I'm with you, Jay. Hearing that Blame is to be hurried off to stud duty is depressing. It's hard to cultivate new fans when the game's stars exit the stage just when people are getting to know their names and care enough to actually follow their careers. As for Zenyatta... she answered all the questions and then some. On top of her top of her looks, charisma, and scary talent, she showed that she has the most noble trait of them all - heart. She couldn't have tried harder.... the wire just came up too fast and there was just way too much left to do considering the first half of her race. Had she been even slightly more forwardly disposed in the early going, she wins the race going away... racing can be so cruel. But the main thing is she's healthy and happy! Can't wait to see her babies run.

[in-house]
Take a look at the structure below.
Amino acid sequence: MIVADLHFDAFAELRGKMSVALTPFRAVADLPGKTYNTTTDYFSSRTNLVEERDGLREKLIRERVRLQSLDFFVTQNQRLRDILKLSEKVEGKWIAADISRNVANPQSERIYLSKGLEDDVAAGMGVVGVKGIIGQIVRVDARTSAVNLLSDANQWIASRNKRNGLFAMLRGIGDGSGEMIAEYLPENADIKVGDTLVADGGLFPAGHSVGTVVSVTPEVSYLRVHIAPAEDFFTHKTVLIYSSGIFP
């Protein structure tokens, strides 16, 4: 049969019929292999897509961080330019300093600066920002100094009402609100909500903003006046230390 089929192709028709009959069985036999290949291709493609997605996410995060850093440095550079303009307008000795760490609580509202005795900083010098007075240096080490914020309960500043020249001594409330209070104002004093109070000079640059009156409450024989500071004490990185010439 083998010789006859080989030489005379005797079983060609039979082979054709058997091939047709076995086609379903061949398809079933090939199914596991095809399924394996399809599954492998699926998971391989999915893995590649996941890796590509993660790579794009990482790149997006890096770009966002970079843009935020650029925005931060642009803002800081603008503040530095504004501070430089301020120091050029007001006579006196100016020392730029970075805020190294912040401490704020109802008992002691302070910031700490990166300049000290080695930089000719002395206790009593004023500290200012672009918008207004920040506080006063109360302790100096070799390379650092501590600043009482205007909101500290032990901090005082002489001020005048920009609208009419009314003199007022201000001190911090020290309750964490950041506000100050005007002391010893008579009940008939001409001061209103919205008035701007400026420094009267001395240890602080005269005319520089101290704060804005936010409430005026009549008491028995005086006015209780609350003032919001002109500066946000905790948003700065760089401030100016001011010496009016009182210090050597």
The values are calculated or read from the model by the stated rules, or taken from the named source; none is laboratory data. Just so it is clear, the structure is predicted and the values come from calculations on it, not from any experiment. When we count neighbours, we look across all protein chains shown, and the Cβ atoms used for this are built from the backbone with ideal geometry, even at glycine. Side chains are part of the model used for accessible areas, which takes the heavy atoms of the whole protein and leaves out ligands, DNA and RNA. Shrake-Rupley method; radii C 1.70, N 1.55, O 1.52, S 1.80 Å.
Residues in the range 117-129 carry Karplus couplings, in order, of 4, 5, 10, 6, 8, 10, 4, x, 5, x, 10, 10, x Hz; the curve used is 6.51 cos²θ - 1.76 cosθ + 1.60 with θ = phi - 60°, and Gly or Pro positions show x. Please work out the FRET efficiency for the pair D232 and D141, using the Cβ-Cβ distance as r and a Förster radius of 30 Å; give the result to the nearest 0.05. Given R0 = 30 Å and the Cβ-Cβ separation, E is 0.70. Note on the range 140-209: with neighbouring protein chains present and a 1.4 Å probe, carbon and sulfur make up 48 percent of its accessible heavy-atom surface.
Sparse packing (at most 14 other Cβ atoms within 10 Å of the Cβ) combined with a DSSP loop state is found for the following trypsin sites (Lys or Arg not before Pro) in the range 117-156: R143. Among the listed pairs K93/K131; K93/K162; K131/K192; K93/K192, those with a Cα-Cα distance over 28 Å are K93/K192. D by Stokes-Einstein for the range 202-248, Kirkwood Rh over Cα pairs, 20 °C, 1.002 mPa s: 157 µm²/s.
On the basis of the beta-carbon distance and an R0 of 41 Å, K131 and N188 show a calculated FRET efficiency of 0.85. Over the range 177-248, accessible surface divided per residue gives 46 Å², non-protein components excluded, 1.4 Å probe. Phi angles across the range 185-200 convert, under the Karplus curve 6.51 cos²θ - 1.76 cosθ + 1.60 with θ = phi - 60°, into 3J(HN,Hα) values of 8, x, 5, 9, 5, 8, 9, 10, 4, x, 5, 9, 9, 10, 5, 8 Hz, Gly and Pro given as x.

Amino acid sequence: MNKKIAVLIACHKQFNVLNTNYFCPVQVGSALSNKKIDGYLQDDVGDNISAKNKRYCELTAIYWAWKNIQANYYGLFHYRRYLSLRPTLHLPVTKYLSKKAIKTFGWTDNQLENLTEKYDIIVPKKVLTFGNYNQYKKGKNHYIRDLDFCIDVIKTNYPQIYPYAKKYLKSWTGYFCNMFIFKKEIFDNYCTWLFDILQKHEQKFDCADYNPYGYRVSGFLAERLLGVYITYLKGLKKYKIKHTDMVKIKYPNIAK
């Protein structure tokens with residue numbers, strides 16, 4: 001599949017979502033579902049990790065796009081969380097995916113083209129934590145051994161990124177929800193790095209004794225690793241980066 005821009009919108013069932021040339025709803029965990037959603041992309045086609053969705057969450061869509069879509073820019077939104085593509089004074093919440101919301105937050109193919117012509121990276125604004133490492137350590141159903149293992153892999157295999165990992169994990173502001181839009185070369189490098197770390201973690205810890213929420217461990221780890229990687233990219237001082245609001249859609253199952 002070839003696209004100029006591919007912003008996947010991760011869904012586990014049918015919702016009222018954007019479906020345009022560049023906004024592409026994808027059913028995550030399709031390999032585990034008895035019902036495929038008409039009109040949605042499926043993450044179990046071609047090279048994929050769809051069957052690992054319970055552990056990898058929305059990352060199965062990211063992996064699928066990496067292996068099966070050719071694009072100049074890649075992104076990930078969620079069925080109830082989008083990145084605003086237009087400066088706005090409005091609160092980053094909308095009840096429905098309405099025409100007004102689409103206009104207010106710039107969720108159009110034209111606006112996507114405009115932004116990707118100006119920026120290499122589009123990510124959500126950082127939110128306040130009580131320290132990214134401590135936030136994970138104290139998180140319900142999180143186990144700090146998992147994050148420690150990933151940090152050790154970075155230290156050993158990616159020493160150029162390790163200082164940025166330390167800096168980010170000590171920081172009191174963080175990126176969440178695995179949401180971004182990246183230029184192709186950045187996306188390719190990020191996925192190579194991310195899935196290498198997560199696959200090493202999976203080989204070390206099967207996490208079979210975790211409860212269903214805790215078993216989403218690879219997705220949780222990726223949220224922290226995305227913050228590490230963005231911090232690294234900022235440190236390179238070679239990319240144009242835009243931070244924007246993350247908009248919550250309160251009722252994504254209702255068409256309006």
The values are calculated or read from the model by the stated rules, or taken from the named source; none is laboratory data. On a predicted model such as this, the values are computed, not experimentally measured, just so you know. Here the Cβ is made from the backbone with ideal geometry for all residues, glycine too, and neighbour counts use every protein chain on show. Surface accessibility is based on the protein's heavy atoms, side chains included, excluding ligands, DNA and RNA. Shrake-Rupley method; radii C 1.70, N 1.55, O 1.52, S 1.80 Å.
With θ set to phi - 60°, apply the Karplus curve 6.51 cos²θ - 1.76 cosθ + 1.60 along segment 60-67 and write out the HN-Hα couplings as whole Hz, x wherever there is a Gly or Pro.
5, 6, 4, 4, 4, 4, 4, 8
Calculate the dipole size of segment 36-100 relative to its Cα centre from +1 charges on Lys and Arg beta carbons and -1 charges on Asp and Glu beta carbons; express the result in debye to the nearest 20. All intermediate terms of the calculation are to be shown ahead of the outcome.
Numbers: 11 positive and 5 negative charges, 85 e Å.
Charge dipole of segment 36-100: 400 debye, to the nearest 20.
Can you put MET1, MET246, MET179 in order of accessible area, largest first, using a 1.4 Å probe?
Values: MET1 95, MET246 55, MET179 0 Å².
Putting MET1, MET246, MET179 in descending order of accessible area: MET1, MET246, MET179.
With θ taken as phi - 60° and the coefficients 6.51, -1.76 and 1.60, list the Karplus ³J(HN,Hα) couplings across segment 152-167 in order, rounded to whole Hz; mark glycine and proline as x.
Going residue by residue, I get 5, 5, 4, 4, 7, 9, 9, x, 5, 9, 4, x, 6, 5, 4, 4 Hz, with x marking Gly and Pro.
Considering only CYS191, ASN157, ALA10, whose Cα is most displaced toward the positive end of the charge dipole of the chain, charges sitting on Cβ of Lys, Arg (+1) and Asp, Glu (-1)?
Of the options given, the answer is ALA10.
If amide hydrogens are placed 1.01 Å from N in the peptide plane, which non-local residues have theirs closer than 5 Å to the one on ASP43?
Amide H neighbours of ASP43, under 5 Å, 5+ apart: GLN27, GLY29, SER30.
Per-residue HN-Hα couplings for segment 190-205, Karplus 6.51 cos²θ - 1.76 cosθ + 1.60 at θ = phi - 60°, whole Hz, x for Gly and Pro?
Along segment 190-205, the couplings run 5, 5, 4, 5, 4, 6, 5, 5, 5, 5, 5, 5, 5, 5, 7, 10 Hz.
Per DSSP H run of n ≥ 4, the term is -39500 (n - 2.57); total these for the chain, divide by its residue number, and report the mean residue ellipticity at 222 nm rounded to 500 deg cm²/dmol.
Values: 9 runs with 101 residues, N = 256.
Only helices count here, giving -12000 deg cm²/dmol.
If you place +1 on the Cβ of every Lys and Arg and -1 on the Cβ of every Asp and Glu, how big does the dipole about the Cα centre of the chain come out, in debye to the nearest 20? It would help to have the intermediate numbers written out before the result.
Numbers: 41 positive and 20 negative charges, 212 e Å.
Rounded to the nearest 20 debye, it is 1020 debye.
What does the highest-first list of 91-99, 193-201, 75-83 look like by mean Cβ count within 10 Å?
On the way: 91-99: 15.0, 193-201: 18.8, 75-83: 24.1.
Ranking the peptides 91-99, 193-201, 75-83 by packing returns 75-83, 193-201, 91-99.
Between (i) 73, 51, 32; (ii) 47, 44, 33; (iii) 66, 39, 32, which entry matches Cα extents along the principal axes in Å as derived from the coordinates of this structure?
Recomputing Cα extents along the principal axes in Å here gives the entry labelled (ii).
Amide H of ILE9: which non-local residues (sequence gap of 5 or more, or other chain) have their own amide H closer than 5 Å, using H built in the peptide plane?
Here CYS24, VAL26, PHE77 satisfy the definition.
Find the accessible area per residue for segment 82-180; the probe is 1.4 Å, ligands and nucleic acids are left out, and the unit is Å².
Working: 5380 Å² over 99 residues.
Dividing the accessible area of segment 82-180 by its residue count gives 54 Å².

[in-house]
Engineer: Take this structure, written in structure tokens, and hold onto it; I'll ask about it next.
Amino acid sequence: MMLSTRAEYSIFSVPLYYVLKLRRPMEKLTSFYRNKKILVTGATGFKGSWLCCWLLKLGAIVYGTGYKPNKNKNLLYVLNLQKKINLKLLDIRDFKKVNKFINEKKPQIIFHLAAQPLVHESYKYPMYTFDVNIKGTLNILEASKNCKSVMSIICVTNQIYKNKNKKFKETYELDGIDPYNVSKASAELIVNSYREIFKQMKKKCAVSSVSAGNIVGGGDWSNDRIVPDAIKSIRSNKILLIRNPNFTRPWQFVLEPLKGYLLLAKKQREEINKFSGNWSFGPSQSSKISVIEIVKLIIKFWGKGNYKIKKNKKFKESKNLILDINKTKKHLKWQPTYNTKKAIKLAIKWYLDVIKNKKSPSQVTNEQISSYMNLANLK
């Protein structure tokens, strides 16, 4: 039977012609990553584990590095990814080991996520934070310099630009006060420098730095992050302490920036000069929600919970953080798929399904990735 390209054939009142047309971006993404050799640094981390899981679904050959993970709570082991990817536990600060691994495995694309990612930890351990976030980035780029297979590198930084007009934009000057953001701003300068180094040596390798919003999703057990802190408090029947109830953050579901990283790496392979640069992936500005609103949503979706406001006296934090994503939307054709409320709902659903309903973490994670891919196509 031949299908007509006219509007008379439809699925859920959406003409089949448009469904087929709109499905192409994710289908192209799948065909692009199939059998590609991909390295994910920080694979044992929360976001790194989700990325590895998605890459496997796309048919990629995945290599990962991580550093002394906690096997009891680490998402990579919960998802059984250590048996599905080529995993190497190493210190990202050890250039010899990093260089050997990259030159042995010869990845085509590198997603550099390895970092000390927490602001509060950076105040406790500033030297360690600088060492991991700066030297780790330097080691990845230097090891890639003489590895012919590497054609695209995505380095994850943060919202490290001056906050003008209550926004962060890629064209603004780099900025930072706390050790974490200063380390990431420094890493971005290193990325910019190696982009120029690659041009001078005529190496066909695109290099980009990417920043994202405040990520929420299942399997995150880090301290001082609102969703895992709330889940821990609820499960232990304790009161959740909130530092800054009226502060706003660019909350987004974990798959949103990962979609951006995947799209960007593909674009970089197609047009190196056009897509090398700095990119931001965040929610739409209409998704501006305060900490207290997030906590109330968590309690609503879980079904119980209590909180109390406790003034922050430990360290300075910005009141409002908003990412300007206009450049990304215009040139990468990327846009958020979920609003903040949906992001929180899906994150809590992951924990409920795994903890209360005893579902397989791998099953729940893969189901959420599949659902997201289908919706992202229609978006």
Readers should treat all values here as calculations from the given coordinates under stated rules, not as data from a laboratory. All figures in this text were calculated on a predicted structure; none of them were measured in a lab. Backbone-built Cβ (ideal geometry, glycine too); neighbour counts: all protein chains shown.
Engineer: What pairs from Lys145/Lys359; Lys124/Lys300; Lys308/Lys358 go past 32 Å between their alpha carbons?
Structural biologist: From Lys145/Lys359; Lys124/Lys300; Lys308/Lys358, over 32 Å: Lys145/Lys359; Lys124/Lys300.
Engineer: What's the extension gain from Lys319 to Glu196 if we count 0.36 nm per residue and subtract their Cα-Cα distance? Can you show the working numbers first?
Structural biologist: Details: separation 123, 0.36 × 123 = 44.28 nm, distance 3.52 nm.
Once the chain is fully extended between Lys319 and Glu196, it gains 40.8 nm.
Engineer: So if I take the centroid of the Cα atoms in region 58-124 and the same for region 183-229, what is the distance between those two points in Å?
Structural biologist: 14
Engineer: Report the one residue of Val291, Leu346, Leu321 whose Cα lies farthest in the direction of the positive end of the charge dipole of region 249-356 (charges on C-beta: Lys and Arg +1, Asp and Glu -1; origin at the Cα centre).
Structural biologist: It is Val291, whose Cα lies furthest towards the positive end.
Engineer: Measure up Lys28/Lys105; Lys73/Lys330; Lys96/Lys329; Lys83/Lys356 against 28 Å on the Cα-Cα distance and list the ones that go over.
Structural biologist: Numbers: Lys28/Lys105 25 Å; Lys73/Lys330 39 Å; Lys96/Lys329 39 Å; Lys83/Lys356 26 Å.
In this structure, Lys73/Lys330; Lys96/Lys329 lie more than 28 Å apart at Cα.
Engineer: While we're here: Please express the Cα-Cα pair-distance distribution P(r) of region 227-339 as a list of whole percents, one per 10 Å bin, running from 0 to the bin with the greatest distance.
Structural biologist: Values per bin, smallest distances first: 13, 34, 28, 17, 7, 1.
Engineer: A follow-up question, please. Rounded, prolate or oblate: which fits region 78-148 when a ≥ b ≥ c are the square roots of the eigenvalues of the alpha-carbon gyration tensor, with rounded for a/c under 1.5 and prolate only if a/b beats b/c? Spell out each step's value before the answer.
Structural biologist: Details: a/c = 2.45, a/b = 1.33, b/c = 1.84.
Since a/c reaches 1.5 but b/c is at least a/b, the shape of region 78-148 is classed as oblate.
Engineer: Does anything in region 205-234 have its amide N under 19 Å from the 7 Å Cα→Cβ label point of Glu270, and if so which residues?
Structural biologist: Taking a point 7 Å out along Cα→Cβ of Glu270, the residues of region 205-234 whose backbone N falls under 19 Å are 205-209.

I may be spoiled because of the beauty of Keeneland but CD needs to be under the lights. For all of the history at CD it is in a terrible part of Louisville...just saying you don't miss anything at CD cause of racing under the lights..
Jay, Zenyatta's performance was the most spectacular defeat in history and clinched HORSE OF THE YEAR AWARD. GET READY FOR MANY EAST COAST DERRELICKED WRITERS TO HOLD ON TO BLAME. THEY WILL SAY "BUT IT'S NOT IN THE RULES TO VOTE FOR HER!". But before you do, consider these things: THE LAST TWO BC CLASSIC WINNERS DIDN'T GET HOTY (ZENYATTA BEING ONE OF THEM). OFF THIS FINISH, ZENYATTA WILL BE VOTED THE GREATEST MARE IN HORSE RACING HISTORY, AND NO HORSE OF THE YEARS? GIVE ME A BREAK! ZENYATTA BROUGHT MORE PUBLICITY TO OUR SPORT THAN ANY OTHER HORSE SINCE SECRETARIAT. SHE PUT PEOPLE IN THE SEATS, SHE MADE PEOPLE (NON HORSE RACING PEOPLE) WATCH. SHE WAS ON 60 MINUTES, SHE WAS IN OPRAH'S POWER LIST. I GOT CALLS FROM MANY FRIENDS AND CO-WORKERS SAYING SHE RAN SPECTACULAR. DID BLAME DO ALL THAT? DO THE HORSE OF THE YEAR RULES SAY YOU CAN'T VOTE FOR THE "BEST" AND "FASTEST" HORSE IN AMERICA? ZENYATTA IS THE "BEST" AND "FASTEST" HORSE IN AMERICA